It’s possible that you’re new to After Effects and you’ve never ventured into the complex world of character rigging and animation. Or maybe you have been at it for a while, but you’ve realized that this can be a very confusing and tedious process.
So, let’s take a look at the features behind RubberHose and see how it could make your character rigging and animation easier, or give you the introduction you’ve been looking for.
For starters, let’s take a peek at the RubberHose sample video to see what it’s capable of.
When speaking with Adam from Battle Axe he said “It’s got a lot of focus on usability and less on tons of features that you probably won’t use anyway.” This is a great summary of how RubberHose works.
At its core, RubberHose is a tool for animating points on a shape layer. But the nuance to how this works is what makes RubberHose special, and fun to work with.
The first thing you’ll notice is that RubberHose is built to work with shape layers. There are some pluses and minuses to this. On the plus side, it’s super easy to set up, it renders quickly, and it’s infinitely scalable. On the (possible) downside, it’s really designed to work with simple illustrated graphic styles.
You can add masks to the shape layers if you want to create a more detailed illustrated character, but depending on your masks, this may or may not get the results you want. There is nothing wrong with the simple illustrated looks that RubberHose is designed for. In fact, they are very popular right now. It’s just worth noting where RubberHose shines.
Battle Axe created a nice video showing how you can easily spruce up your “hoses” with some basic styling techniques.
As an added bonus, Battle Axe has created a free plugin called
Butt Capper that will quickly change the edges of your strokes to butt, round, or projecting caps. This can be very useful when you want to round a shoulder or flatten out the bottom of a leg quickly.
Along with the point to point animation, RubberHose has some other built-in features that make rigging and movement even easier.
If you want to add something like a hand or foot to the end of a hose, simply parent it to the proper layer. The new object will automatically rotate with the axis point of the hose. Or, if you don’t want this to happen, you can hit the “Freeze Rotation” checkbox for the hose layer to stop the rotation.
One of the coolest features of the hose toolset is the auto flop feature. If you want to have your hose switch the direction it’s bending in the middle of the animation cycle, you can simply click the “AutoFlop” checkbox and your hose will switch bend directions at a central point. It works great out of the box, but RubberHose gives you additional controls for auto flop falloff. This affects how and when the bend switch happens.
The Battle Axe team also took some time to think through issues that might come up and create simple solutions for them. For instance, renaming a hose layer in the comp will break the hose. So, they added a “Rename Selected Hose System” button. By selecting a hose layer, typing a new name in the plug-in’s text box, and hitting the rename button, your entire hose system will be renamed without breaking anything.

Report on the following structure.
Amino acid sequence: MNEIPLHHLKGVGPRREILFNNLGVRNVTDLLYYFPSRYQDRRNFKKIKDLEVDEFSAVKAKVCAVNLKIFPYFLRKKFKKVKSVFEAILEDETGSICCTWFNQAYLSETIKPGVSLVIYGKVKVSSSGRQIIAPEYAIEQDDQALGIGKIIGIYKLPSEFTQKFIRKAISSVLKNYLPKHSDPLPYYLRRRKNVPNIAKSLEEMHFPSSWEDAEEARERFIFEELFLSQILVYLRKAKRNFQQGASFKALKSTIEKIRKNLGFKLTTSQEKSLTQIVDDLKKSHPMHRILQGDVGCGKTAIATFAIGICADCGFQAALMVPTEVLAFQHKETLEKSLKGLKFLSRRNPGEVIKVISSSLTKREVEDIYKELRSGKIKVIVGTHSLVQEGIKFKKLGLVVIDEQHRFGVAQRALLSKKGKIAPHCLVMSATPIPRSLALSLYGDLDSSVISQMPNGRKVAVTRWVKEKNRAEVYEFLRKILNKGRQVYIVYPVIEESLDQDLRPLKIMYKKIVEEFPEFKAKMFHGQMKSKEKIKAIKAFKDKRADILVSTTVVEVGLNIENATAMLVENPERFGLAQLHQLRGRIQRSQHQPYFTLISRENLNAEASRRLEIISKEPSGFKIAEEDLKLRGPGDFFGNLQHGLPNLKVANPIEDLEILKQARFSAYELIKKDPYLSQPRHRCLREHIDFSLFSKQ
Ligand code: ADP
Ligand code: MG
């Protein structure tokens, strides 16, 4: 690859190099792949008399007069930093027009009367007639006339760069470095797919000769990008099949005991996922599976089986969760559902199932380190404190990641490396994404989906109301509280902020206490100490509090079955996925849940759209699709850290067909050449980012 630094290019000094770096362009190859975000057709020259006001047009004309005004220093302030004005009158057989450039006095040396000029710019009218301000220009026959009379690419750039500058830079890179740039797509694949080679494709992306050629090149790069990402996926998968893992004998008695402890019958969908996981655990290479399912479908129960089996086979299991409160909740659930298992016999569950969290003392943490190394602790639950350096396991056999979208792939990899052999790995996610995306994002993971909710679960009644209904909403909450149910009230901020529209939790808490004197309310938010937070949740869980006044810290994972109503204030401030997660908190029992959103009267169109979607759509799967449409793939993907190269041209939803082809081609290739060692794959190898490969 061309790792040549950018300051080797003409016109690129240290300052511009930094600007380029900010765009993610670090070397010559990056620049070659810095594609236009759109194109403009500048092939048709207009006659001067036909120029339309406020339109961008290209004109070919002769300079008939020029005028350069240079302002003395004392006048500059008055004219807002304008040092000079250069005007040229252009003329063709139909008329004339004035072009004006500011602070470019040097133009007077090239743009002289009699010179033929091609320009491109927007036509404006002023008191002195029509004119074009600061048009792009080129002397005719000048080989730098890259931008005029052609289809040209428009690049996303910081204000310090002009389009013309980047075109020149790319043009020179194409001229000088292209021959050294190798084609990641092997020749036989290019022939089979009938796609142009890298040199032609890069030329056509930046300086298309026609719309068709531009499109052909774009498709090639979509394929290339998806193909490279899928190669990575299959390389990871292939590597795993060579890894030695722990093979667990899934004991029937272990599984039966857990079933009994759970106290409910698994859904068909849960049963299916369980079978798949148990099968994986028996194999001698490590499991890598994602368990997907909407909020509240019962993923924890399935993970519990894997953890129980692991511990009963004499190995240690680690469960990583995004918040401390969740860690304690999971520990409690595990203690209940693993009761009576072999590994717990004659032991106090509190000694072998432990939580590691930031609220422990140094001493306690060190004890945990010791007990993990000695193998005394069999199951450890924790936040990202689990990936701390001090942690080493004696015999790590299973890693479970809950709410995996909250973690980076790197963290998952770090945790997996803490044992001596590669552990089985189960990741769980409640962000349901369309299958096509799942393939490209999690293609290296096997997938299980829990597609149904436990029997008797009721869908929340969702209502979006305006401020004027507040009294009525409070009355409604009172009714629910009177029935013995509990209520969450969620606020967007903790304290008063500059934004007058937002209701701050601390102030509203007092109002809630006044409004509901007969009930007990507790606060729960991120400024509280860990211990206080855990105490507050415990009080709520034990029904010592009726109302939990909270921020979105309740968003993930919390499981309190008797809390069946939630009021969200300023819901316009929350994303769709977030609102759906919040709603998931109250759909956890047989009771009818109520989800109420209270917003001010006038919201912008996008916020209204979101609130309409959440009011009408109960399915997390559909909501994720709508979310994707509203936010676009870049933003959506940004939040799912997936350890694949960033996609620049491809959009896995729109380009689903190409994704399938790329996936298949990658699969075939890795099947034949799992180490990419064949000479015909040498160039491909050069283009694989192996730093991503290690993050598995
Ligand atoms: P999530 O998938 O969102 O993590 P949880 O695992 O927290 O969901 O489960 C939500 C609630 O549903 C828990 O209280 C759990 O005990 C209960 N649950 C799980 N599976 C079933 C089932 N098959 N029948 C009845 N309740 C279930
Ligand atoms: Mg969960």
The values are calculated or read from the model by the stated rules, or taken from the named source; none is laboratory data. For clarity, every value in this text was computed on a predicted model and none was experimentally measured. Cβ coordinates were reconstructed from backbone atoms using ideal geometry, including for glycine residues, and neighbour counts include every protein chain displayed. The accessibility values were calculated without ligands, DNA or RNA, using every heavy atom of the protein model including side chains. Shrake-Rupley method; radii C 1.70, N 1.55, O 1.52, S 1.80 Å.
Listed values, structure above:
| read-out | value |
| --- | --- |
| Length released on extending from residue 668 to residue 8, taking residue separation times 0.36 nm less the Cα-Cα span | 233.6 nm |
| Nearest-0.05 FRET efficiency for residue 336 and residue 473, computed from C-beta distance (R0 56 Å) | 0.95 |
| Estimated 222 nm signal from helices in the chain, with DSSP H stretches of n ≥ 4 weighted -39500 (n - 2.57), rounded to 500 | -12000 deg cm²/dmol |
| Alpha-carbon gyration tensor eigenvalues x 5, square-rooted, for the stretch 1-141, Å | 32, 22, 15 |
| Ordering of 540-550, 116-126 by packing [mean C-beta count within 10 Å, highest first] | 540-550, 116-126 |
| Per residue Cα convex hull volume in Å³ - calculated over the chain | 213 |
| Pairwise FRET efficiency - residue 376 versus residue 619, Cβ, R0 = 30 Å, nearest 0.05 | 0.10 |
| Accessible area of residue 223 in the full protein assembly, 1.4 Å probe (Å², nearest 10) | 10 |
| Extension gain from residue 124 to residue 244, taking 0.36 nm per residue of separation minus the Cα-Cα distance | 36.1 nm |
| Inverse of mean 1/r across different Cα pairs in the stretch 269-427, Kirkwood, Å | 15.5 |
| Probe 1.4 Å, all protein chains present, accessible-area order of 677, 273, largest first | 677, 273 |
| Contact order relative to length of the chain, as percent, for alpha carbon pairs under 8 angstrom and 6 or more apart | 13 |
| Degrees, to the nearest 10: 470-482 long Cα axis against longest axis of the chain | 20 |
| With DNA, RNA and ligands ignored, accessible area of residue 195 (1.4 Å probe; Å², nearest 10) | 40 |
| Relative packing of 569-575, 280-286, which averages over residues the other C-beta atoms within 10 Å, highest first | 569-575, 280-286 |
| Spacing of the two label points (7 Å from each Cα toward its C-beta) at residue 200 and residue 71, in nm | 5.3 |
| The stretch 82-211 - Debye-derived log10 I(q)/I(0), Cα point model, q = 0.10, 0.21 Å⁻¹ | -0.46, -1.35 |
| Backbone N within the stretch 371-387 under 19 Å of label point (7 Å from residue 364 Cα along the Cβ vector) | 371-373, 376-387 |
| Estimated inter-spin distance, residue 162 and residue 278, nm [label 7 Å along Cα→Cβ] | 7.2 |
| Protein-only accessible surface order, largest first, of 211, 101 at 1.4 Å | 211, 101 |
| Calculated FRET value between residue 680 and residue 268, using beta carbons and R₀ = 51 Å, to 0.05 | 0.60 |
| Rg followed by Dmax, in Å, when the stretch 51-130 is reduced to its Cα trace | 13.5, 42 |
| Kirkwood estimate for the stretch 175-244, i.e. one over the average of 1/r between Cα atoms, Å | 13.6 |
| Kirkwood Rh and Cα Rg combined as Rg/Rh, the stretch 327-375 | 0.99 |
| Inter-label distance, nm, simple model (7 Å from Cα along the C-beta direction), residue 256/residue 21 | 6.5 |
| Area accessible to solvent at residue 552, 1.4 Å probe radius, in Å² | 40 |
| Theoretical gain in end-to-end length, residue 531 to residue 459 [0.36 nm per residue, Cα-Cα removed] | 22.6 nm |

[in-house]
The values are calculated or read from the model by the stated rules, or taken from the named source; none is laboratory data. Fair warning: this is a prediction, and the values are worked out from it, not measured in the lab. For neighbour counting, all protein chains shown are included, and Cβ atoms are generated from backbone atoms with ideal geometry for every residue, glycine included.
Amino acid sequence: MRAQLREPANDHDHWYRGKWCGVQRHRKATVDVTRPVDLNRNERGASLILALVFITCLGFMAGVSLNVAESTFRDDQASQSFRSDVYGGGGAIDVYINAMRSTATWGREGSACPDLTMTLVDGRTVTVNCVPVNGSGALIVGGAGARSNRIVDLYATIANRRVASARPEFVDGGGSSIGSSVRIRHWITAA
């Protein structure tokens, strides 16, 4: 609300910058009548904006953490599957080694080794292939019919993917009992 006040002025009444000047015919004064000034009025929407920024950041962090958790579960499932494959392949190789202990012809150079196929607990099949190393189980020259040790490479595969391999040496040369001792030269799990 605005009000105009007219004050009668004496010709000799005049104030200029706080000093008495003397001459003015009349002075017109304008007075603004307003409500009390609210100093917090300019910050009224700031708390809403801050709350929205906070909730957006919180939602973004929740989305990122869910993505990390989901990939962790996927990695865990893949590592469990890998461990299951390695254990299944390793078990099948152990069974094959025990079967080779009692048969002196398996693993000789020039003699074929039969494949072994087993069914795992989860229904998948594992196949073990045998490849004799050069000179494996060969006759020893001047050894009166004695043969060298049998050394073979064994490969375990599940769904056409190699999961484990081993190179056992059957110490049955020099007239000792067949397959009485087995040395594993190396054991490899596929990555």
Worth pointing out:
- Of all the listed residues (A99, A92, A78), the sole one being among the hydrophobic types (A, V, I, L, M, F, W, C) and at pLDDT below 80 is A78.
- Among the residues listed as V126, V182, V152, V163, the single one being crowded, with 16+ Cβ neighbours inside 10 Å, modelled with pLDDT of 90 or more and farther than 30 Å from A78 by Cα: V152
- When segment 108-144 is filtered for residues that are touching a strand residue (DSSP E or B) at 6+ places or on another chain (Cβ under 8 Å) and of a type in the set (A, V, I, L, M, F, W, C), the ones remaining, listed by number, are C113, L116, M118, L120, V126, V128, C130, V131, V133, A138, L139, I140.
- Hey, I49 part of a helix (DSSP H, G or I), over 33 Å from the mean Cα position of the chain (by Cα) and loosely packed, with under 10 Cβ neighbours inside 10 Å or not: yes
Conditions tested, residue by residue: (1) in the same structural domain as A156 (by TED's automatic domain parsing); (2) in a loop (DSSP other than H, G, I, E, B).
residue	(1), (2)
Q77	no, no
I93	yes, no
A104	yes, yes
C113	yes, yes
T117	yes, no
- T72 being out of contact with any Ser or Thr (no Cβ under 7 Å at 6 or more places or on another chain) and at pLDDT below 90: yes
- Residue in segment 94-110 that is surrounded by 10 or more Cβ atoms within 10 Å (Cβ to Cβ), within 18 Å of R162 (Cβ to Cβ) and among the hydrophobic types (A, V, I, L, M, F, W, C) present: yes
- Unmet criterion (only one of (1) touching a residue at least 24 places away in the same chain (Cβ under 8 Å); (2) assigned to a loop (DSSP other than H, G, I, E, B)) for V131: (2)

They also added in handy little features like “Copy Hose Layer Styling” and “Paste Hose Layer Styling”. This way, if you spend a lot of time making a leg you like, you can easily copy that style to another leg or another character in another comp.
Battle Axe has been putting out some good tutorial videos that help show off its features. Here are some of the advanced features that RubberHose users can try.
With some creativity, you can come up with different ways to animate using the RubberHose tool, but where it really excels is in walk cycles.
So, I did a little test to see just how easy it is.
To start with, I created a basic body shape and a head for added flare. Then I simply loaded a hose, moved the shoulder point to the shoulder area of the body, and the wrist point to the bottom. Then I set keyframes for the back of the arm swing and the front. RubberHose did the rest.
After watching the preview, I decided to add in the auto flop features, so I clicked that checkbox. Then I spent a few seconds adjusting the hose length, bend radius, and bend direction to my liking.
Once I was happy with the right arm, I was ready to add the left. First I used the renaming system to rename my arm hose to “Right Arm.” Then I used another custom feature of RubberHose. By selecting a layer in the right arm and holding OPT on the Mac (ALT on PC), then click the “New RubberHose System” button, I created an exact duplicate of my right arm with the same animation settings and keyframes.
A quick offset of the keyframes gave me a smooth arm swing cycle in about two minutes’ time.
I actually found myself smiling as soon as I started watching my animation preview because it was fun to build and animate the character. Here’s a sample of what can be accomplished in 2 minutes.
All in all, RubberHose is a great way to get started with character animation in After Effects. It takes away a lot of the fear of getting lost in a complex rig and never finding your way out. It gives the artist more freedom to focus on the nuance of the animation rather than the mechanics.
RubberHose is relatively new and going through the process of consumer feedback. While it works great in most cases, you may find a bug here or there, and Battle Axe welcomes feedback, so they can make the product better over time.
If you are thinking about getting into character animation, RubberHose is definitely worth taking a look at or purchasing just for the fun of playing with.